The case for the hybrid cloud

Operating without some form of cloud infrastructure in place seems practically unthinkable for many enterprises today. Thanks to the exponential rise of the technology, organizations are now able to store and manage their data with levels of speed and efficiency once thought impossible.

As organizations consider how to move to the cloud, they face three options: private, public or hybrid. Paul Cormier, Red Hat’s president of Products and Technologies, said that this “could be the most critical decision [CIOs and IT managers] make in this decade.” Although the private and public cloud offer their own distinct advantages, recent indications suggest that an increasing number of organizations are attracted to the "best of both worlds" allure of the hybrid cloud.

Last year, Gartner predicted that almost half of large organizations will be using hybrid cloud by as early as 2017.Let’s explore the appeal of hybrid cloud and what makes it an increasingly tempting choice for the CIO.

Cost efficiency
Businesses of all sizes are constantly looking to cut costs, and adopting the hybrid cloud could be a way of achieving this on the computing front.

By having a portion of your cloud deployment on the public platform, you can enjoy the economies of scale it offers while still maintaining an element of independence and detachment. You’re only paying for what you use, enabling you to keep accurate track of your cloud operating costs.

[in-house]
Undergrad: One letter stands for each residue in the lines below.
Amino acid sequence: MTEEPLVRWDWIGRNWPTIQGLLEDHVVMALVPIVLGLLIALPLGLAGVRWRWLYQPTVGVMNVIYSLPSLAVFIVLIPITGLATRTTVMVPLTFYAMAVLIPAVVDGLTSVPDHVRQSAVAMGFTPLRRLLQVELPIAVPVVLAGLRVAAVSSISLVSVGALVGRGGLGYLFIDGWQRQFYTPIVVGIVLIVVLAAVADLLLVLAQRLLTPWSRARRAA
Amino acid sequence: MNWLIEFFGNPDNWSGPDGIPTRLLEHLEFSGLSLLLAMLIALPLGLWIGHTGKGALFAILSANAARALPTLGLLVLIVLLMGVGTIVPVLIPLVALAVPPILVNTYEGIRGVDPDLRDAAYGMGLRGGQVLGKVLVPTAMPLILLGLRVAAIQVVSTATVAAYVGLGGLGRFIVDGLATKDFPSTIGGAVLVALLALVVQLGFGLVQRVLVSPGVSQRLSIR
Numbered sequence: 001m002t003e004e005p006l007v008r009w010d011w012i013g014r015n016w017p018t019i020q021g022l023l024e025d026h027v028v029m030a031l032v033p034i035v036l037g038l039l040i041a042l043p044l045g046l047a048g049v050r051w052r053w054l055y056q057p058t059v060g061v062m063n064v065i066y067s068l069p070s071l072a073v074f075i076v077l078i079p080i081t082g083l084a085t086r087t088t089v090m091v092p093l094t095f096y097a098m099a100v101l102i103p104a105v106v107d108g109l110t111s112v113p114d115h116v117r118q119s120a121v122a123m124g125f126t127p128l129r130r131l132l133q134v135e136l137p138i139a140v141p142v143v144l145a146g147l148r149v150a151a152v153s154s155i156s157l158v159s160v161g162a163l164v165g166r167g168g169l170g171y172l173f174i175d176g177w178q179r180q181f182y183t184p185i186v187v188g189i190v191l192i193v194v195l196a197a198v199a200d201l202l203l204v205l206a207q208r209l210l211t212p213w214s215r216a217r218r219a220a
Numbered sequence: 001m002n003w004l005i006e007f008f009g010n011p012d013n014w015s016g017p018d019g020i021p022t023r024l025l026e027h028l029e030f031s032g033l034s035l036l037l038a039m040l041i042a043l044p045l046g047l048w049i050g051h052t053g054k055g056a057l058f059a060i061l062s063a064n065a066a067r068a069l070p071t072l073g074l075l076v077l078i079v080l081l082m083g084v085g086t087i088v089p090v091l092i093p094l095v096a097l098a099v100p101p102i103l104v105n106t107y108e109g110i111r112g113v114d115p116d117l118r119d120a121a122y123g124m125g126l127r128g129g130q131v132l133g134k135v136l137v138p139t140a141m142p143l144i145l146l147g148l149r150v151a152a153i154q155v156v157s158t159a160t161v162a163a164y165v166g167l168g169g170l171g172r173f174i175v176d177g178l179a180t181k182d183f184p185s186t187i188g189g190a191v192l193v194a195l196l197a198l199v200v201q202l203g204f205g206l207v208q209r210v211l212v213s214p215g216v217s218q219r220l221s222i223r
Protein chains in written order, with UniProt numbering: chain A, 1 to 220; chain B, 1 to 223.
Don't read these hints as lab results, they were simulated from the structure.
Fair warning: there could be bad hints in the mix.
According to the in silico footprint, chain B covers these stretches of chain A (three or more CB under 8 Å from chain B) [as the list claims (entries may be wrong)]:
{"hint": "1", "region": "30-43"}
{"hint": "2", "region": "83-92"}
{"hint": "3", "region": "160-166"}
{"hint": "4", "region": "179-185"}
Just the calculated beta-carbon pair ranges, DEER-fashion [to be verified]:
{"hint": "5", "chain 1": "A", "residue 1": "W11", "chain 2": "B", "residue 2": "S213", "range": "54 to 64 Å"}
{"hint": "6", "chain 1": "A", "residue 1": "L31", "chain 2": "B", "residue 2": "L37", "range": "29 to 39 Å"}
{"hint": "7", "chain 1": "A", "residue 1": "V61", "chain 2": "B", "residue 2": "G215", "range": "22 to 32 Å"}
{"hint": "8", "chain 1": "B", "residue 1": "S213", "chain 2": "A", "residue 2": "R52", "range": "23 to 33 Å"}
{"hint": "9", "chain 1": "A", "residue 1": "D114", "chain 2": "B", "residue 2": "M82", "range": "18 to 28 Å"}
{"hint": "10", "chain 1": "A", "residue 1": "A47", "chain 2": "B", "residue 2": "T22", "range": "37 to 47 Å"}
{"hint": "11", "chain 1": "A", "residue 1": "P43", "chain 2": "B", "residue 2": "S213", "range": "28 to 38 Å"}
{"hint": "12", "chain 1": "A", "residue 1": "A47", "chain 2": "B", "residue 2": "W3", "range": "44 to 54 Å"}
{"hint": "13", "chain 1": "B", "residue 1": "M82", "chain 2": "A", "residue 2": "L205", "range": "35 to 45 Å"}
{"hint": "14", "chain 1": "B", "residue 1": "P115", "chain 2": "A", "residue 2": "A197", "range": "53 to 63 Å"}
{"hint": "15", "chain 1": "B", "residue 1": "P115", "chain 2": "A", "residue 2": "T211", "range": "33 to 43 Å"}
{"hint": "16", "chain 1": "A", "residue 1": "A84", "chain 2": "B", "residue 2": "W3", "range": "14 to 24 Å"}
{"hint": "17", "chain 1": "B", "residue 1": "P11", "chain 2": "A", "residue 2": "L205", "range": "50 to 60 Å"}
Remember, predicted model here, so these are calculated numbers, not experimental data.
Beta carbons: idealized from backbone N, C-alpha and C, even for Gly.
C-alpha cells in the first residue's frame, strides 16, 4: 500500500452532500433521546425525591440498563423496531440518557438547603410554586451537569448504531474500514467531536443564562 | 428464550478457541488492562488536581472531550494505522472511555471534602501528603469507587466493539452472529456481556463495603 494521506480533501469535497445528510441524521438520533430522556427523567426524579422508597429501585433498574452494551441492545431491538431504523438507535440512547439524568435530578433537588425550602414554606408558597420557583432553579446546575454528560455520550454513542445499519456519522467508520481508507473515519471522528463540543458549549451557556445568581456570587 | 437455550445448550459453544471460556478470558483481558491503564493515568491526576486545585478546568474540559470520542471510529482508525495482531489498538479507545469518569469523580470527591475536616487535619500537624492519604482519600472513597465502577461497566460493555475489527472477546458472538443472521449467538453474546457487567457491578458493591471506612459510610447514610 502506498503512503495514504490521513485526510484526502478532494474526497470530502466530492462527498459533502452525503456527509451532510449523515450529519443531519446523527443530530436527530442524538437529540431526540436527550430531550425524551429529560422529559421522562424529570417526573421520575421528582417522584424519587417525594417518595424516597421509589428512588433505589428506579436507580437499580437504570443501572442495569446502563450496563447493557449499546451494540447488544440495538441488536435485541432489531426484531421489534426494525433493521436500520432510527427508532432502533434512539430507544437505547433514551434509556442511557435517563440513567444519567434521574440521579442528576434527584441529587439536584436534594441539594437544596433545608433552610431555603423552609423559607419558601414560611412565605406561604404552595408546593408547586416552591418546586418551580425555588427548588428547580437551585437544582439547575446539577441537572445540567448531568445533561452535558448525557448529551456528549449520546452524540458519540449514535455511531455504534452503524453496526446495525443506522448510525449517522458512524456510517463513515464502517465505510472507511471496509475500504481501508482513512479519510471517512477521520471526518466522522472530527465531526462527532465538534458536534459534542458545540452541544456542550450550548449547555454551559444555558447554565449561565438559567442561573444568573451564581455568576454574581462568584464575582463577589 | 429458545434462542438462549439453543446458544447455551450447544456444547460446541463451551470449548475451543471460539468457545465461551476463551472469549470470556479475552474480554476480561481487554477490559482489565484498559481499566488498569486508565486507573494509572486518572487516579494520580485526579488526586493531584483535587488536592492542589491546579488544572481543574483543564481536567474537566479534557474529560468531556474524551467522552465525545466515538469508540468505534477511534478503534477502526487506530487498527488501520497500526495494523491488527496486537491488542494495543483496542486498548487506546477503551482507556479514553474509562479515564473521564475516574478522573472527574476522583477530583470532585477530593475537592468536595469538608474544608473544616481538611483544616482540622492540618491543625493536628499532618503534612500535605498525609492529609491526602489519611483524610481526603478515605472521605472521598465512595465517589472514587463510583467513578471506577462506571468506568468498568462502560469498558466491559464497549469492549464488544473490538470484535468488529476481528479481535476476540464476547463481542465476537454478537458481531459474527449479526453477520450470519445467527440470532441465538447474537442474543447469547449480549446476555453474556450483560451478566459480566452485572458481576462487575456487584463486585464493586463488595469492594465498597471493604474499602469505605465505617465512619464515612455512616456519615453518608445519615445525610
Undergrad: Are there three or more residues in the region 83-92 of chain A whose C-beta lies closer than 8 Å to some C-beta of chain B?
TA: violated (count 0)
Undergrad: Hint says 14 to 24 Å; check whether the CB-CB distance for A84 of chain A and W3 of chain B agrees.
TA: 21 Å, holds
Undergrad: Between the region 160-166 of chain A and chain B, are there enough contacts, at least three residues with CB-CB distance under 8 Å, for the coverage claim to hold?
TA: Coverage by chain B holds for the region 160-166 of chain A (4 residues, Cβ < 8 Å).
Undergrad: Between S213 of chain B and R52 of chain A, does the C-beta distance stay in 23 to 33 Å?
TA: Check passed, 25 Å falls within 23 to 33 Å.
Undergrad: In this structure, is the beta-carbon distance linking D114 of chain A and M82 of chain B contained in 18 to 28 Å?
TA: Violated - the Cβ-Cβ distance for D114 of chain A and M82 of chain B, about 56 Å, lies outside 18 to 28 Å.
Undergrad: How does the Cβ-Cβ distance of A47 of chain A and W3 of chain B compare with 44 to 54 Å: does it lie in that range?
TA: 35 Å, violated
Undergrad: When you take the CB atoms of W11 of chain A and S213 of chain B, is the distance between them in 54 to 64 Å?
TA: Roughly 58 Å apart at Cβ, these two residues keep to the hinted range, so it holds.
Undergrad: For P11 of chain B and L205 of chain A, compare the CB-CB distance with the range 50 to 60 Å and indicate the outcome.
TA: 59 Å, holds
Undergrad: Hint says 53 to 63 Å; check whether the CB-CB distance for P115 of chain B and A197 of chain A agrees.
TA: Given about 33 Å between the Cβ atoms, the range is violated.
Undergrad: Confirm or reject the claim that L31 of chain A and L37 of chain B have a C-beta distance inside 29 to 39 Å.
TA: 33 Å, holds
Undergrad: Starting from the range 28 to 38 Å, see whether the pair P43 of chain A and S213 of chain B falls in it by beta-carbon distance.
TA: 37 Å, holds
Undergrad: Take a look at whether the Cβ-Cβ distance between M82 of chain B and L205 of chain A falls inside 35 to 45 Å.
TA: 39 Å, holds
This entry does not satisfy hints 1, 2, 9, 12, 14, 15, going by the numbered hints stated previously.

Security
Security – or the perceived lack thereof, particularly with public cloud – has been a major sticking point as more companies consider adopting the cloud. With thousands of users having access to your same infrastructure, a little apprehension is perhaps inevitable.

The hybrid route resolves this problem to a degree, as you can enjoy the convenience of operating on the public cloud while still keeping your sensitive operations internal, away from prying eyes. You have the ability to tweak restrictions, such as those relating to access, so you can control exactly how much of your information is available, and to whom.

Scalability and flexibility
The fusion of private and public cloud means that you can expand your architecture in line with business growth, while still maintaining control over operations. Your company’s growth is not checked by limitations such as hardware requirements.

The flexibility of the hybrid cloud also makes logistical sense. Most organizations want the benefits that private and public clouds offer, yet are hesitant about making the leap to a joint infrastructure. Hybrid cloud is an obvious solution, as it grafts the scalability and cost efficiency of public clouds with the security and control of private servers.

Experts predict that the platform will grow in popularity in the future. Gartner, for one, expects 2016 to be "a defining year for cloud as private cloud begins to give way to hybrid cloud."With so many distinct advantages, it is easy to argue that hybrid cloud offers possibly best path to the cloud for many organizations.

http://www.zdnet.com/the-case-for-the-hybrid-cloud-7000032925/

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